Preview by Jack Foley
IT MUST be one of the most daunting tasks a director can perform - following up a critically-acclaimed, Box Office friendly and Oscar-winning debut movie - but Sam Mendes appears to have done it.
Road to Perdition marks the follow-up movie to American Beauty and has already been hailed by American critics as one of the years finest, and one which should feature prominently at next years Oscars ceremony (not bad for a film released at the height of the US blockbuster season).
It stars Tom Hanks, Paul Newman and Jude Law (among others) and is based on writer Max Allan Collins and illustrator Richard Piers Rayners serialised mystery comic novel for DC Comics, set in Depression-era Chicago.
Hanks, cast somewhat against type, plays hitman Michael Sullivan, a dedicated
and professional assassin, whose loyalty is put to the test when one of the
sons of his boss and father-figure (Newman) is responsible for the murder
of his beloved wife and youngest son.
Setting out on the road to revenge with his surviving son, Michael Jnr, Sullivan is forced to confront what he has become and the inevitable toll that anyone in his profession must pay.
Mendes (a veteran of the Donmar Warehouse in London) has rekindled much of the visual style and panache for story-telling that won him acclaim for American Beauty, turning in another American classic in modern cinema.
It is a style which has won the praise of critics, audiences and the author [Collins] himself, even though he admits to being a little surprised about the direction the movie took.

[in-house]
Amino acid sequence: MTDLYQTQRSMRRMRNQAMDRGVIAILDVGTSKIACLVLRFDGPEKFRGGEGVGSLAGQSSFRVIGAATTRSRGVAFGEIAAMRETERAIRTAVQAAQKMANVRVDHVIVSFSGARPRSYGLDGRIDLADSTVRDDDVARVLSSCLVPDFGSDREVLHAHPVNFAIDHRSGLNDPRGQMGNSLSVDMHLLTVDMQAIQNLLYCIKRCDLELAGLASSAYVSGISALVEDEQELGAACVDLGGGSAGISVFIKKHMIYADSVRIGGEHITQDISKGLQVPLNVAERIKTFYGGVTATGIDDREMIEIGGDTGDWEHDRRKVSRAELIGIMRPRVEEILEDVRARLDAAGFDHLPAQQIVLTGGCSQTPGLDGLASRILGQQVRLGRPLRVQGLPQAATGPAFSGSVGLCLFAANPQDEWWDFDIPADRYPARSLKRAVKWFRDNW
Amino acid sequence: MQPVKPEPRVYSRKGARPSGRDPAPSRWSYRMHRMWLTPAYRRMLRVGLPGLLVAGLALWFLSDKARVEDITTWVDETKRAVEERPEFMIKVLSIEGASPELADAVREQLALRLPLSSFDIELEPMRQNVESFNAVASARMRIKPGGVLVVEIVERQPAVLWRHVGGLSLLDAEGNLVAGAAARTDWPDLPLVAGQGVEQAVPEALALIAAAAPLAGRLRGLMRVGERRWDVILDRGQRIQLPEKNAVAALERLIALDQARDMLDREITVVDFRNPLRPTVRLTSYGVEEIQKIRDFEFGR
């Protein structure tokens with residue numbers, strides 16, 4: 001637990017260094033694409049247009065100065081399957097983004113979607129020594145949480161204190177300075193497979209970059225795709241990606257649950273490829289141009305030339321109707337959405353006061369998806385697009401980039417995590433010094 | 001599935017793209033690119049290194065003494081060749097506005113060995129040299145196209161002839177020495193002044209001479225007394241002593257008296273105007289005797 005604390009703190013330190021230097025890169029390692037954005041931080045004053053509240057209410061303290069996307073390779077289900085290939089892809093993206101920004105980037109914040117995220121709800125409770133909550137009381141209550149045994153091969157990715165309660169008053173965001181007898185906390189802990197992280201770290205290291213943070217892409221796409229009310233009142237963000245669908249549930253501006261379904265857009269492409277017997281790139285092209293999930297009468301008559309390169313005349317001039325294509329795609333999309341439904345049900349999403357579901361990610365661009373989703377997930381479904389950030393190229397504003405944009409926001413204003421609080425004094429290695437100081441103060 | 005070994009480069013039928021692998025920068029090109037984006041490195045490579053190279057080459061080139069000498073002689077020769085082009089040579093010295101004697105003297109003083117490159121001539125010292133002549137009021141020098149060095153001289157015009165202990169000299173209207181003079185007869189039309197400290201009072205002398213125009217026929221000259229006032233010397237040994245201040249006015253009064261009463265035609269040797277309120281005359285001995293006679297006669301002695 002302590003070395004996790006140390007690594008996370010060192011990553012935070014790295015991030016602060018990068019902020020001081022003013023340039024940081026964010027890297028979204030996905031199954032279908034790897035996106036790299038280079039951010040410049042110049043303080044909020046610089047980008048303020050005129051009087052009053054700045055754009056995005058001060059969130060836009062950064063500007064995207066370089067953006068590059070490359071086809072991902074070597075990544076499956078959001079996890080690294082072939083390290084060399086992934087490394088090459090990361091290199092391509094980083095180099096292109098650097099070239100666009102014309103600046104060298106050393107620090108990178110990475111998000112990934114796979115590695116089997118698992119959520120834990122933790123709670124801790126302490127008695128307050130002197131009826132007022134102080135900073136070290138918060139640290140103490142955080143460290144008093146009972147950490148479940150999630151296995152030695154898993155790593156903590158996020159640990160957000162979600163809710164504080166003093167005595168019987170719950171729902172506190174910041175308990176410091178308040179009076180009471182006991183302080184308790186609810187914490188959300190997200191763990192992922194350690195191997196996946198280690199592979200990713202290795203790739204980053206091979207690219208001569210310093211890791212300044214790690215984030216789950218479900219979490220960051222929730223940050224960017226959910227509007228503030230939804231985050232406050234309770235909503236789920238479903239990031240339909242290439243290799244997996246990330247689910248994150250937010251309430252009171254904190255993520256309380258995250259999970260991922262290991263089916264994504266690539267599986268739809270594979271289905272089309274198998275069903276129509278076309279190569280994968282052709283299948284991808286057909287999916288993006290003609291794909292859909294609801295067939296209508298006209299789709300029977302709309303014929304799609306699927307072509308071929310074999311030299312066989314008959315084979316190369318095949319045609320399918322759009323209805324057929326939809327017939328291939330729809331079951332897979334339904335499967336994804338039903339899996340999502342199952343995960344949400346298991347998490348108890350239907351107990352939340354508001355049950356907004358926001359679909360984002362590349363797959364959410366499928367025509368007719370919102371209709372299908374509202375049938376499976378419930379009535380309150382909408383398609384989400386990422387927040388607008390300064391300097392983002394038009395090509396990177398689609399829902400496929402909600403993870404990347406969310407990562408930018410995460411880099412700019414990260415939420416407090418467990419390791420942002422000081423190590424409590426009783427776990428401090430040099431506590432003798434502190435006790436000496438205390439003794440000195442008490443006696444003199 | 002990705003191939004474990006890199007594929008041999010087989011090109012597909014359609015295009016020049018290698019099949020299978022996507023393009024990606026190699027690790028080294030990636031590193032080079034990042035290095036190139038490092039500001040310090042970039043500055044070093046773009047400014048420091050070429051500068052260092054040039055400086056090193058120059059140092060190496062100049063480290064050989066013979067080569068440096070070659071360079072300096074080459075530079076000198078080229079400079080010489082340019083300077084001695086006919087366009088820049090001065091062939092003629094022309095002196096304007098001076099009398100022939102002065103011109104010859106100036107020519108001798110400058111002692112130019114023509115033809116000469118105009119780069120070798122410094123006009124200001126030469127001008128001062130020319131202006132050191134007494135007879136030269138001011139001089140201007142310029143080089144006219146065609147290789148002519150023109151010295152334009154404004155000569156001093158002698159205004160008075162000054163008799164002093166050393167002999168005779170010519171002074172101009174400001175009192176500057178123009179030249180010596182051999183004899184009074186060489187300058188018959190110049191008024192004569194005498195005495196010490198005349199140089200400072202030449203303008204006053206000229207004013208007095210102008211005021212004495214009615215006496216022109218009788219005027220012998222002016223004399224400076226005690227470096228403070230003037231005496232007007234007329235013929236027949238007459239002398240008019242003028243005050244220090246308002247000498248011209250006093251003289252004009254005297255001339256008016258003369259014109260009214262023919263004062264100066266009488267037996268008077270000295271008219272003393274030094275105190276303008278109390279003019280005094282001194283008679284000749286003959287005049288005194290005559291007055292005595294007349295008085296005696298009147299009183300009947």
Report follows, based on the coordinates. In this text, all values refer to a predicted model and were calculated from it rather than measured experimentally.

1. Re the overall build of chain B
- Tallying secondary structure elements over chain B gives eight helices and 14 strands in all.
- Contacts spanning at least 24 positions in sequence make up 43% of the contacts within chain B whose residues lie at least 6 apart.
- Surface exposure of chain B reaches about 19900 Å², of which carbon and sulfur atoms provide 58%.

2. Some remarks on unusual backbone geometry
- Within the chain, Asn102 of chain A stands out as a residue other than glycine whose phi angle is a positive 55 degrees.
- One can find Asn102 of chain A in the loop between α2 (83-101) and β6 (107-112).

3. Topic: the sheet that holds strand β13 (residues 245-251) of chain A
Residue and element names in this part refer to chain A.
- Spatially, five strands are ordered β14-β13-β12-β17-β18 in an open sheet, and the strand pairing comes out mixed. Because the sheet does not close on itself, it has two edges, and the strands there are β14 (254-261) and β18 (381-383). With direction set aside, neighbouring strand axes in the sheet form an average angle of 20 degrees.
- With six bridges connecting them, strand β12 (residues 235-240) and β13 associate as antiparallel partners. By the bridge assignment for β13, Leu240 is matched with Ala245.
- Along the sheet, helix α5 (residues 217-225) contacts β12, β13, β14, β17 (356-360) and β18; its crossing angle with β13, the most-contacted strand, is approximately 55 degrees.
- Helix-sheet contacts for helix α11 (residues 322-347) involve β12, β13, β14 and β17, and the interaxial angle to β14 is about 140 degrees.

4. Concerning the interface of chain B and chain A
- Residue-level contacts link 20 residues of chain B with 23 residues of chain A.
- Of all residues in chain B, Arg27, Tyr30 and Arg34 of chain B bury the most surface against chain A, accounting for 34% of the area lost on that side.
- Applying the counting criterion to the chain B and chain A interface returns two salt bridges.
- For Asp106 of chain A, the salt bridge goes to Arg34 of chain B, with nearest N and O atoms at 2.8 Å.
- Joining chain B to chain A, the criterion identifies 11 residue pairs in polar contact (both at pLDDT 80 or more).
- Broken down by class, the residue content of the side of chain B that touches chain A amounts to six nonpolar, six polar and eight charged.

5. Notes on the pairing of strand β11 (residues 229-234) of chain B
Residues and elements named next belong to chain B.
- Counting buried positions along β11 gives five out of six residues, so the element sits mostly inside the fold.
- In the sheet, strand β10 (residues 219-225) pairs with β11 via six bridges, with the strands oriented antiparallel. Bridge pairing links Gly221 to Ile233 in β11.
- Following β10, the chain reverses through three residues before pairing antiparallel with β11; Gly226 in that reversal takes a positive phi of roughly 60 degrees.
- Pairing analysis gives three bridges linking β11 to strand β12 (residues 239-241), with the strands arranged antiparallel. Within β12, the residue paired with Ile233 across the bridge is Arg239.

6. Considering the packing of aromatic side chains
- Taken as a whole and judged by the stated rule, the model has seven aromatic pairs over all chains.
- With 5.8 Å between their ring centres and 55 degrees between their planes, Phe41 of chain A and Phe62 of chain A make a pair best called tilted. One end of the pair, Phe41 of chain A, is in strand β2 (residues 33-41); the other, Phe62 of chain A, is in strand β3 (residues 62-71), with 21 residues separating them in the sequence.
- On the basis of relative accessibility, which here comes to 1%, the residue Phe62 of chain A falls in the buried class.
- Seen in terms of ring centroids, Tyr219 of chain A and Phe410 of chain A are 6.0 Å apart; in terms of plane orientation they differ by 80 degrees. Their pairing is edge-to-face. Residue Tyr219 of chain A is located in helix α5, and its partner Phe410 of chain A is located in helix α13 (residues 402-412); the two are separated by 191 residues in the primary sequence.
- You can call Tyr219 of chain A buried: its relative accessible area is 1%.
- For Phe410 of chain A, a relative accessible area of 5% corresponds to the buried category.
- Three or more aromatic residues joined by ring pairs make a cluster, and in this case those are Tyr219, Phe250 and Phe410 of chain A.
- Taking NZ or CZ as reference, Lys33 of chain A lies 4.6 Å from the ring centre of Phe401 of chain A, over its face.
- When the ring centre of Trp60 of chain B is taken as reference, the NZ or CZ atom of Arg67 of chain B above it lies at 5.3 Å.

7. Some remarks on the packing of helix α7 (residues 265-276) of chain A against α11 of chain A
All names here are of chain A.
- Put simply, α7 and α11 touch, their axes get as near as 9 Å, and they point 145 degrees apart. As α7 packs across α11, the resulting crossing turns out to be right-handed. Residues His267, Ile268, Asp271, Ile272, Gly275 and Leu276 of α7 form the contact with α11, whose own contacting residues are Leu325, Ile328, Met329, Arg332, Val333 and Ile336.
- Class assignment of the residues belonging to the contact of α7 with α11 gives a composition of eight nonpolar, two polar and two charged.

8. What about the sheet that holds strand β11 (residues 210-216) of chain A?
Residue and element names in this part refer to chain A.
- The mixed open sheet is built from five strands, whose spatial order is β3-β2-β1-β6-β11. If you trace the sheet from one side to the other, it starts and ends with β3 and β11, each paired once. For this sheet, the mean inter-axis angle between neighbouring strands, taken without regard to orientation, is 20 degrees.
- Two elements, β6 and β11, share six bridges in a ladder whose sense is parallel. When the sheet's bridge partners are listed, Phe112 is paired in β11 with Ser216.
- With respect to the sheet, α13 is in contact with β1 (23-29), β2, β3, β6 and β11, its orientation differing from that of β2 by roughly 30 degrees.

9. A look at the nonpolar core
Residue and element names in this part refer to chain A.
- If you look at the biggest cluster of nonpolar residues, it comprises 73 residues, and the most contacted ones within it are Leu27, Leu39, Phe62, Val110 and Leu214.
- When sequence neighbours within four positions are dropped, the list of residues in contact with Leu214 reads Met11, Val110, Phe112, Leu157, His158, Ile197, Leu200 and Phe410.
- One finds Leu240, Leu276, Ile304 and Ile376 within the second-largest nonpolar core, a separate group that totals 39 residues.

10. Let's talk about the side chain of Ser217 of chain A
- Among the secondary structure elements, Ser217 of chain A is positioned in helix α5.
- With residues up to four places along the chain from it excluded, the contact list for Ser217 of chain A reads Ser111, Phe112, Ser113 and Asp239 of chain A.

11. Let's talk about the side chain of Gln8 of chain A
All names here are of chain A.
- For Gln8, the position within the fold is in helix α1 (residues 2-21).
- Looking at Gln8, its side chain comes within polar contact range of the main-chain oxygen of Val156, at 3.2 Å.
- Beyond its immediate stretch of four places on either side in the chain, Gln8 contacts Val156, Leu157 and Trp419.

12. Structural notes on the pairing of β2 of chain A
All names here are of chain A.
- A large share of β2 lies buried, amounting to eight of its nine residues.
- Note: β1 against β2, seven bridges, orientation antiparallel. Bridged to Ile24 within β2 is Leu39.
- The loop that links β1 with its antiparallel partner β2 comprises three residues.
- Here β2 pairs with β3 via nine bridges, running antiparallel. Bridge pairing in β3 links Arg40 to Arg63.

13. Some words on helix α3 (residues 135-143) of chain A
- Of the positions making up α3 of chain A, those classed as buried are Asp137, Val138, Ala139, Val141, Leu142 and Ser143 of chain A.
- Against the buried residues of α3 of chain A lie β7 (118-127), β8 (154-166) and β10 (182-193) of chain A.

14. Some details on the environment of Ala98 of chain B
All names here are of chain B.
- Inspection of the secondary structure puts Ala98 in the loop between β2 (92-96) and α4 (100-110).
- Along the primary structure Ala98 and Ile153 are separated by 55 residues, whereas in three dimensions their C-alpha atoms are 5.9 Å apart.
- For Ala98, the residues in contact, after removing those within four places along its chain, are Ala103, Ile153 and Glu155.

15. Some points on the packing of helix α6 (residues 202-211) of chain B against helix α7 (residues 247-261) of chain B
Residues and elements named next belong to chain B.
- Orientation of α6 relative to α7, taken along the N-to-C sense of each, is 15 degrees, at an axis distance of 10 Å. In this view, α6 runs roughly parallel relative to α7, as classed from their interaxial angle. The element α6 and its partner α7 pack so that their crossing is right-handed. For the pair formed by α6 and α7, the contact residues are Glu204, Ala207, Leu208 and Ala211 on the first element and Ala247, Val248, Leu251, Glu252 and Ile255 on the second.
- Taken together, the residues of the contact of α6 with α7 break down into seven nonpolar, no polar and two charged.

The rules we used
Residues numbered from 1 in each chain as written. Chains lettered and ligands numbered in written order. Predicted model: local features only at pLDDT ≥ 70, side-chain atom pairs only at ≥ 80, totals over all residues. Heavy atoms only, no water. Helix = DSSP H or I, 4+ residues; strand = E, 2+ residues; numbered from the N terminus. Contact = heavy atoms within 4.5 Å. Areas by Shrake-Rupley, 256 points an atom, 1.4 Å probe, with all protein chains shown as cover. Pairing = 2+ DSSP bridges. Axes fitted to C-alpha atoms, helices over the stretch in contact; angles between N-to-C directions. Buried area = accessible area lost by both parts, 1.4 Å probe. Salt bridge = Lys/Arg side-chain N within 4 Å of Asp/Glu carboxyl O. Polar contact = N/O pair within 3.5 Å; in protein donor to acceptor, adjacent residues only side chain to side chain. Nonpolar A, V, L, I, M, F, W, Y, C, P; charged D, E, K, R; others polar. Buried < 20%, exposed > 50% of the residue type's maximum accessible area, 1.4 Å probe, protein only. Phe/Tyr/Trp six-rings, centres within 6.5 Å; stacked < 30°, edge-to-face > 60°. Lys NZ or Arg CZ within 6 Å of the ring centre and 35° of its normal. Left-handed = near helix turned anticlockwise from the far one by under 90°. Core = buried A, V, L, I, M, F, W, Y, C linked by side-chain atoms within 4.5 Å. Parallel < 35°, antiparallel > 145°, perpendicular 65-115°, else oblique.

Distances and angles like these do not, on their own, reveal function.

Commenting in an interview with Book magazine, Collins said that the major
difference between my vision and that of the filmmakers, is that I saw
this as a much wilder, bloodier ride. I basically wrote a John Woo movie,
and Hollywood decided to make The Godfather instead. Which is cool, because
The Godfather is cool.
Audiences also agreed, helping the movie to take the number one spot at the Box Office in its second week of release, following strong word of mouth.
UK audiences can judge for themselves when Road to Perdition opens in August; although the queue is, no doubt, starting to form now.
Where to begin, really, as the praise was virtually unanimous. Entertainment Weekly awarded it a B in its rating system, declaring that there's much that's simplistically grand, worthy, and fine in 'Perdition, while FilmCritic.com said that it soars above all possible expectations to deliver a weighty, thoughtful, and brazenly creative film, anchored by Oscar caliber performances from everyone involved.
The New York Observer said that Perdition is the best film of the summer, and already a contender for both the Oscars and my year-end 10 Best List, while the New York Times said that it inspires a continuing and deeply satisfying awareness of the best movies as monumental picture shows.
And Rolling Stone said that it has the juice to get its hooks into you, knock you off balance and keep you that way for two hours.
There were the odd slices of criticism, but only the LA Times was really negative, saying that it is a beautifully groomed and a perfect drag to be with.
The New York Post felt that it doesn't come close to living up to expectations (but still awarded it 3 out of 4 stars), while Village Voice described it as grim yet soppy.
But back to the praise. Two of the best commentaries came from internet site, Movies.com and TV Guide and will serve as the perfect way to wind up this overview.
The latter said that Perditions dark, almost mythic heart is
what makes the film such an emotionally rich experience, while the former
states that yhe visual touch that Mendes displayed in Beauty is in full
effect in Perdition, and there are more than a few scenes that, though there's
little or no dialogue, will leave you breathless.
We can only wait
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